The night US president Abraham Lincoln was shot at Ford’s Theater in 1865, his pockets contained the following: two spectacles, a lens polisher, a pocketknife, a watch fob, a handkerchief, a leather wallet containing a five-dollar Confederate bill, and eight newspaper clippings, including several that praised him and his policies.
I wonder what the Confederate money was doing in the president’s pocket, but I have little doubt about the glowing news stories. Everyone needs encouragement, even a great leader like Lincoln! Can you see him, in the moments before the fateful play, perhaps reading them to his wife?
Who do you know who needs encouragement? Everyone! Look around you. There isn’t one person in your line of vision who is as confident as they seem. We’re all one failure, snide comment, or bad hair day away from self-doubt.
What if we all obeyed God’s command to “please our neighbors for their good, to build them up”? (Romans 15:2). What if we determined only to speak “gracious words” that are “sweet to the soul and healing to the bones”? (Proverbs 16:24). What if we wrote these words down, so friends could reread and savor them? Then we’d all have notes in our pockets (or on our phones!). And we’d be more like Jesus, who “did not please himself” but lived for others (Romans 15:3).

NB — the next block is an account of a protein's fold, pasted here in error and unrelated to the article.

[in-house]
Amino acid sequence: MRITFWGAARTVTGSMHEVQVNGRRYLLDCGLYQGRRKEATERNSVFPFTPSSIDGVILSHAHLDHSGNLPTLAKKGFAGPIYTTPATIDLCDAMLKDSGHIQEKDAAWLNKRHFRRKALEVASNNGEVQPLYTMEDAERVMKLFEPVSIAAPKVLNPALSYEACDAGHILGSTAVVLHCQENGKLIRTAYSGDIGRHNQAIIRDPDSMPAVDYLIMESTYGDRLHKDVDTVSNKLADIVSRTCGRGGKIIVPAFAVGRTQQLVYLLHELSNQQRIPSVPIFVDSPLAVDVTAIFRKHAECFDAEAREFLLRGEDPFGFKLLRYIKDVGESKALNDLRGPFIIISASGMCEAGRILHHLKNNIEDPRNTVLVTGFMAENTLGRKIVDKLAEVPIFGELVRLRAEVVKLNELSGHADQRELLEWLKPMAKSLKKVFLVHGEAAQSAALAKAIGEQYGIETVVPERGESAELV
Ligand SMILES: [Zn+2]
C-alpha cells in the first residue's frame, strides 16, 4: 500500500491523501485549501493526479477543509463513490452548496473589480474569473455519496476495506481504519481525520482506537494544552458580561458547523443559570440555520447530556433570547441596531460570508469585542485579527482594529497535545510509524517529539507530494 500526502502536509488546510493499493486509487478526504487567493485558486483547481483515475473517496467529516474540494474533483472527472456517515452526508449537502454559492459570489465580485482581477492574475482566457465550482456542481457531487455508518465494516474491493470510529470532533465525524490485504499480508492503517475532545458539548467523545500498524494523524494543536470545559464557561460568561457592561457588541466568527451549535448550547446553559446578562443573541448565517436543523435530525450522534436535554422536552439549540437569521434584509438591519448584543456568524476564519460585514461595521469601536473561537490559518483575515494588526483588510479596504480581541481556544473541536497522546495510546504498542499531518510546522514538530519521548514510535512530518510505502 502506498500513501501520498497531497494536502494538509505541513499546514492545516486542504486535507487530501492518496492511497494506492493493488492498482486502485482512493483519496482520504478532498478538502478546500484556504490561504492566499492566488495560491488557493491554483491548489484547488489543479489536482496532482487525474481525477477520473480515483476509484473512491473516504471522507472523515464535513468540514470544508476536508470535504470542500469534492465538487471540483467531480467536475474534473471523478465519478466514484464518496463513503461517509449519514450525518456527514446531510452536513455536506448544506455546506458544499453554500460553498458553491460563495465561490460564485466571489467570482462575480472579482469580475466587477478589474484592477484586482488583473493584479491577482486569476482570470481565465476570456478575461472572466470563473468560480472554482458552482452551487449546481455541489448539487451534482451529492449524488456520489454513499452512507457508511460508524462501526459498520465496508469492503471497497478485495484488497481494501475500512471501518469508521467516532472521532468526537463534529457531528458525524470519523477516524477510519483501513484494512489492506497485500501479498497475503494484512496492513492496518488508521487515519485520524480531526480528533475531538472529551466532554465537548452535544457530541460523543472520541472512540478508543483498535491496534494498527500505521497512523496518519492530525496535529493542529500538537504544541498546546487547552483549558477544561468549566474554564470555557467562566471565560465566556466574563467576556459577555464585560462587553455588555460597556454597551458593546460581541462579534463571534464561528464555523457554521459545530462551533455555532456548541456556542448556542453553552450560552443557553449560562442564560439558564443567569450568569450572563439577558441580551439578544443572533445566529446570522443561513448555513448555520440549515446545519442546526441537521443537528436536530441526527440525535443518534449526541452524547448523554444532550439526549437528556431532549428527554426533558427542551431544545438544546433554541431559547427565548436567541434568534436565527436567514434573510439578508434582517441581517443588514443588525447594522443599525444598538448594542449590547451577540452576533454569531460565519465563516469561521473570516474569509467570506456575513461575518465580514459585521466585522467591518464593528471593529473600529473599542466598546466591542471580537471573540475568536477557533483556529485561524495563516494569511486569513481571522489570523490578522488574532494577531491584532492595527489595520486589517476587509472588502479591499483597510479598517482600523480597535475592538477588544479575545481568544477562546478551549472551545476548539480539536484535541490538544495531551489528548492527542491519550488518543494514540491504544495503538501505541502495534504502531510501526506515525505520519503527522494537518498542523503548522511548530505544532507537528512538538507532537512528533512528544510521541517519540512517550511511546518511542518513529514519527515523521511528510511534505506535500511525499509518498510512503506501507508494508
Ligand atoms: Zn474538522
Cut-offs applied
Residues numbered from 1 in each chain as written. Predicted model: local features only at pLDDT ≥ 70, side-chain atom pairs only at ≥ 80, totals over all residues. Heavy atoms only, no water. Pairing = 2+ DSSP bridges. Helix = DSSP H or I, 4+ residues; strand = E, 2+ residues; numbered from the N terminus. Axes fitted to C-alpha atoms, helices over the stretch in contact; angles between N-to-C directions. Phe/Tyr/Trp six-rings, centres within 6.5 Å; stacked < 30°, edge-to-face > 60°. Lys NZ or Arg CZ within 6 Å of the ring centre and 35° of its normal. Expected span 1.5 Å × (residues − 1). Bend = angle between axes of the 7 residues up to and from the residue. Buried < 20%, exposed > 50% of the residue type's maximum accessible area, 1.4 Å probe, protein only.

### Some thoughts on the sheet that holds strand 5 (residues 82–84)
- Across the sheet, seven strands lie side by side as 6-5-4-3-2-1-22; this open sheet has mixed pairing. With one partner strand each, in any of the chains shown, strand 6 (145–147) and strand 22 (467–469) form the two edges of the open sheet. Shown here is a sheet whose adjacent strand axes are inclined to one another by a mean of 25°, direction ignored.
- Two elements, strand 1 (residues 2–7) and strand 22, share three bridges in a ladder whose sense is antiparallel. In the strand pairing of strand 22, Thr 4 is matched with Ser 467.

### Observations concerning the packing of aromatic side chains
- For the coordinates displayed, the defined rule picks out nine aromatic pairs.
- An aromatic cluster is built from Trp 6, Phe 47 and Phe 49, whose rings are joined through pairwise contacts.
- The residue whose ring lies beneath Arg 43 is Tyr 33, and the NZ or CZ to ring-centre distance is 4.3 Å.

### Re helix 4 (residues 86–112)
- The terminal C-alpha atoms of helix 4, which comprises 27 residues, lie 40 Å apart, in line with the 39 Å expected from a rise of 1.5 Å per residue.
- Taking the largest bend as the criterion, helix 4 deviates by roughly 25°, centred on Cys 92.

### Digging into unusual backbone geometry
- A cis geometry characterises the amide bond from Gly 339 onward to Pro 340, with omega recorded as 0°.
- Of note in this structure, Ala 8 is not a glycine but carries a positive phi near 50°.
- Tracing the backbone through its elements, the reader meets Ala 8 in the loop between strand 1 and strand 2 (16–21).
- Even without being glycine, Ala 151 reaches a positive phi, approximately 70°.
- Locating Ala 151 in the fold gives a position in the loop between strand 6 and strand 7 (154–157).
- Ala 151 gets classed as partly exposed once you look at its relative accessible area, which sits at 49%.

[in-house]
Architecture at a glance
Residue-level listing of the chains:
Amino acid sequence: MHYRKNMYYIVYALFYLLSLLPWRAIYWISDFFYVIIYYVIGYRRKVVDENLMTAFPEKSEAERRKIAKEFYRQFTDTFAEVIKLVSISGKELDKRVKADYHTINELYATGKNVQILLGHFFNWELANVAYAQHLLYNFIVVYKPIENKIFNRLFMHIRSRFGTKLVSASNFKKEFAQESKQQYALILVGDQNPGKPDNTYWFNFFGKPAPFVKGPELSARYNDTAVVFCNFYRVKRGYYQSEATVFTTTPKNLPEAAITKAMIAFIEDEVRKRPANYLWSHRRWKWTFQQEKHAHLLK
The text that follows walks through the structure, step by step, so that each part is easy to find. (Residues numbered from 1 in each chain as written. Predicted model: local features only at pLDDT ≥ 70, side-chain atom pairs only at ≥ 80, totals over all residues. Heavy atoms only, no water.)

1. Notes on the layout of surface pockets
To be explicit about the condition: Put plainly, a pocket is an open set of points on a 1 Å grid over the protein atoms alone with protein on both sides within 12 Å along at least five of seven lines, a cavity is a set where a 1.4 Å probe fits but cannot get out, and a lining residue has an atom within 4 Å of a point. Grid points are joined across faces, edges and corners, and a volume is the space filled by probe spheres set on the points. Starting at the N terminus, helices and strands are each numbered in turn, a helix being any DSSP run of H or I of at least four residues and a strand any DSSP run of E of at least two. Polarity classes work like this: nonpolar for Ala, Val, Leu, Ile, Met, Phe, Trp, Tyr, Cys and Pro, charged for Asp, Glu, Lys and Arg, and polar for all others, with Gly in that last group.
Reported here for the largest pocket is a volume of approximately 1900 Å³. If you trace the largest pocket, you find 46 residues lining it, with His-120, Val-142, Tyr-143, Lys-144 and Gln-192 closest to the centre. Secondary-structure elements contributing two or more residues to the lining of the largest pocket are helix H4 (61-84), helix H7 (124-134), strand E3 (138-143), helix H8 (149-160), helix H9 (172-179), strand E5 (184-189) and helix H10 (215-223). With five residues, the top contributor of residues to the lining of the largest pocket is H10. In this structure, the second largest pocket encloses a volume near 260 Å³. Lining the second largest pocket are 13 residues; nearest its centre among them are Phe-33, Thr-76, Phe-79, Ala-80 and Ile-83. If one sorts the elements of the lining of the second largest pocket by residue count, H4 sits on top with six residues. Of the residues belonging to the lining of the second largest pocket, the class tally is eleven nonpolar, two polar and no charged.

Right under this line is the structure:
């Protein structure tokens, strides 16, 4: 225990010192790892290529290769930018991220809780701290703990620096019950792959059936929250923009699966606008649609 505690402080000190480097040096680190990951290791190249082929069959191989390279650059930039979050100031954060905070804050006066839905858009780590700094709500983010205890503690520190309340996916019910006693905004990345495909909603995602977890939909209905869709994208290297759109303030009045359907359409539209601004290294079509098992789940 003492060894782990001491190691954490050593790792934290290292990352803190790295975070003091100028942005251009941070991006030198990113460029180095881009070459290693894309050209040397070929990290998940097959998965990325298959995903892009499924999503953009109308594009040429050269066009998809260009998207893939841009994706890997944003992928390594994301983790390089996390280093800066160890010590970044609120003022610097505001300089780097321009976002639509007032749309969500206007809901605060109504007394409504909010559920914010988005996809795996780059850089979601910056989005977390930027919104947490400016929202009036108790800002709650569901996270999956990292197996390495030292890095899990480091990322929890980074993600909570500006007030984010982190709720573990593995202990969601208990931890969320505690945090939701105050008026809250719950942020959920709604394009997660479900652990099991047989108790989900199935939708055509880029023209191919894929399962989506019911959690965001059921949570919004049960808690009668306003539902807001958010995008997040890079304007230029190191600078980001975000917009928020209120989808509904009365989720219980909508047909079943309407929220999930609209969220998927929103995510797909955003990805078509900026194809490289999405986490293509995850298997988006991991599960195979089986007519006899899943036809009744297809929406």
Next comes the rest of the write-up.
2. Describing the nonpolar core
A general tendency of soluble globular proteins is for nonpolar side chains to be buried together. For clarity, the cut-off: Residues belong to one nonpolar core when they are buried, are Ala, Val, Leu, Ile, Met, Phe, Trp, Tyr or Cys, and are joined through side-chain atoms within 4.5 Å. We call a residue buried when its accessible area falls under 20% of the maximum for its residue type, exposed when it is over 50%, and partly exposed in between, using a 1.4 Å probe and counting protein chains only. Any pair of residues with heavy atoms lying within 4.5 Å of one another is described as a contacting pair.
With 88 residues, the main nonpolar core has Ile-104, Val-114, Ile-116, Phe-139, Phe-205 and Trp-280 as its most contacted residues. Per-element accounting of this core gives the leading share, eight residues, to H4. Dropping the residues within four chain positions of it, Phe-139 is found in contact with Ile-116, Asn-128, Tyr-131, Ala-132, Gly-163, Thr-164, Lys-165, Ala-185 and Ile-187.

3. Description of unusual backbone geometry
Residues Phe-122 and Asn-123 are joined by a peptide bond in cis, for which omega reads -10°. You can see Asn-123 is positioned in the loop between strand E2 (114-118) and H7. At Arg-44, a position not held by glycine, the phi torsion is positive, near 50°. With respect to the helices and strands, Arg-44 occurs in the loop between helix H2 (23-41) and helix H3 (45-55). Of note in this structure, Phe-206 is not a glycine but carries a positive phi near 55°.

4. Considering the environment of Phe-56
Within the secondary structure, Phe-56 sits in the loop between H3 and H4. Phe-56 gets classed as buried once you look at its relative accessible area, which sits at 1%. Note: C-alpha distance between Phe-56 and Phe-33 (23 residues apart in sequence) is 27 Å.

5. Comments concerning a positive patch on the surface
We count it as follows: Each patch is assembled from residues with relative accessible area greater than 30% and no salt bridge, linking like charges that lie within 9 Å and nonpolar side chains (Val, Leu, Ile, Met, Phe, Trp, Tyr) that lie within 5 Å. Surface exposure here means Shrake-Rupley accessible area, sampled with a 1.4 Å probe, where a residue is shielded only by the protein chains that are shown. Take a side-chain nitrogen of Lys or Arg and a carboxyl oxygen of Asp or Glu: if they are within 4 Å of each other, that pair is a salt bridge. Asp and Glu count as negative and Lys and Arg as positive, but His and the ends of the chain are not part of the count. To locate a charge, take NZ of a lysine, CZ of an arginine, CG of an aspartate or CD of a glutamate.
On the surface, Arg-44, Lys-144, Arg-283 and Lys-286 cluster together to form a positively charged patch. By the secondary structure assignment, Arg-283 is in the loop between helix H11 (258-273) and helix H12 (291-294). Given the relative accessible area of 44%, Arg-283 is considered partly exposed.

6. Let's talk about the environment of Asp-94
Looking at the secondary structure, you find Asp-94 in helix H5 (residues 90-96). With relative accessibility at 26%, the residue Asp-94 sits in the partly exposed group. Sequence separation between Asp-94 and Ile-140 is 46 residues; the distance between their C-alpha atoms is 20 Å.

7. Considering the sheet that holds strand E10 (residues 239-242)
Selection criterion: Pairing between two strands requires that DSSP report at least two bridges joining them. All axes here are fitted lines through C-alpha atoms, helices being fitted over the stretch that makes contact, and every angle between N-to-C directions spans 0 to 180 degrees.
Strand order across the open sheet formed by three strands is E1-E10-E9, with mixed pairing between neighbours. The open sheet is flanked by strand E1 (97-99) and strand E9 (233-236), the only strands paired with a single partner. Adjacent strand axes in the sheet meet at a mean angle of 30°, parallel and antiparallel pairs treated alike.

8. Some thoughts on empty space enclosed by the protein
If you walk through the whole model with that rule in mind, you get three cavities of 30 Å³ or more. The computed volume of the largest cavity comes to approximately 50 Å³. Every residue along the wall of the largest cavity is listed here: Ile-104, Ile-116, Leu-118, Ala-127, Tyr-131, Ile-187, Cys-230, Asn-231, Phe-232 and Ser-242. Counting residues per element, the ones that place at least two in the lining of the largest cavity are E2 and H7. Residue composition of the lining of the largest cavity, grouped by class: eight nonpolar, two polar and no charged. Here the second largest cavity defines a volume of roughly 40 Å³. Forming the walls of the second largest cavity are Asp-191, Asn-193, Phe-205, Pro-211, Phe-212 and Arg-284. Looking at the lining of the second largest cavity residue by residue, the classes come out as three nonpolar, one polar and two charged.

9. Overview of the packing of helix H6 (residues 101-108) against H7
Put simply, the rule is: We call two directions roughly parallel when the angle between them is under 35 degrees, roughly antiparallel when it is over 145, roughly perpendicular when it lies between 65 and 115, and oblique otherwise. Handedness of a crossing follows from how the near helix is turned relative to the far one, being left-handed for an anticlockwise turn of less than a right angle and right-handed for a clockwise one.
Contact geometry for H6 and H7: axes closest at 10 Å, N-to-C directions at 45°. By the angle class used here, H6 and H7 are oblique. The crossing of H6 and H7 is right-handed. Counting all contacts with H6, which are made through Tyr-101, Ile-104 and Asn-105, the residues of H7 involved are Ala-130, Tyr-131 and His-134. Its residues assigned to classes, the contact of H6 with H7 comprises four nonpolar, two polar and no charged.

Whose words have most encouraged you? Who might need encouragement that you’ve been overlooking?
In his writing to first-century believers, Paul referred to Jesus as the prime example of the kind of selfless conduct that believers in Christ should model in their relationships with each other. Twice in Romans 15:1–6, Paul directs our attention to Jesus as a pattern for our conduct (vv. 3, 5). Just as Jesus didn’t please Himself, so believers shouldn’t be only concerned with themselves but with pleasing their neighbors to build them up (vv. 1–3). Then in verse 5 Paul prays, “May the God who gives endurance and encouragement give you the same attitude of mind toward each other that Christ Jesus had.” We see this same theme in Paul’s letter to the Philippians, where he points to Jesus as the primary example of self-sacrificial humility (2:1–11). When Christ is the model for our attitudes and actions, others can feel safe around us because we’re His agents of encouragement.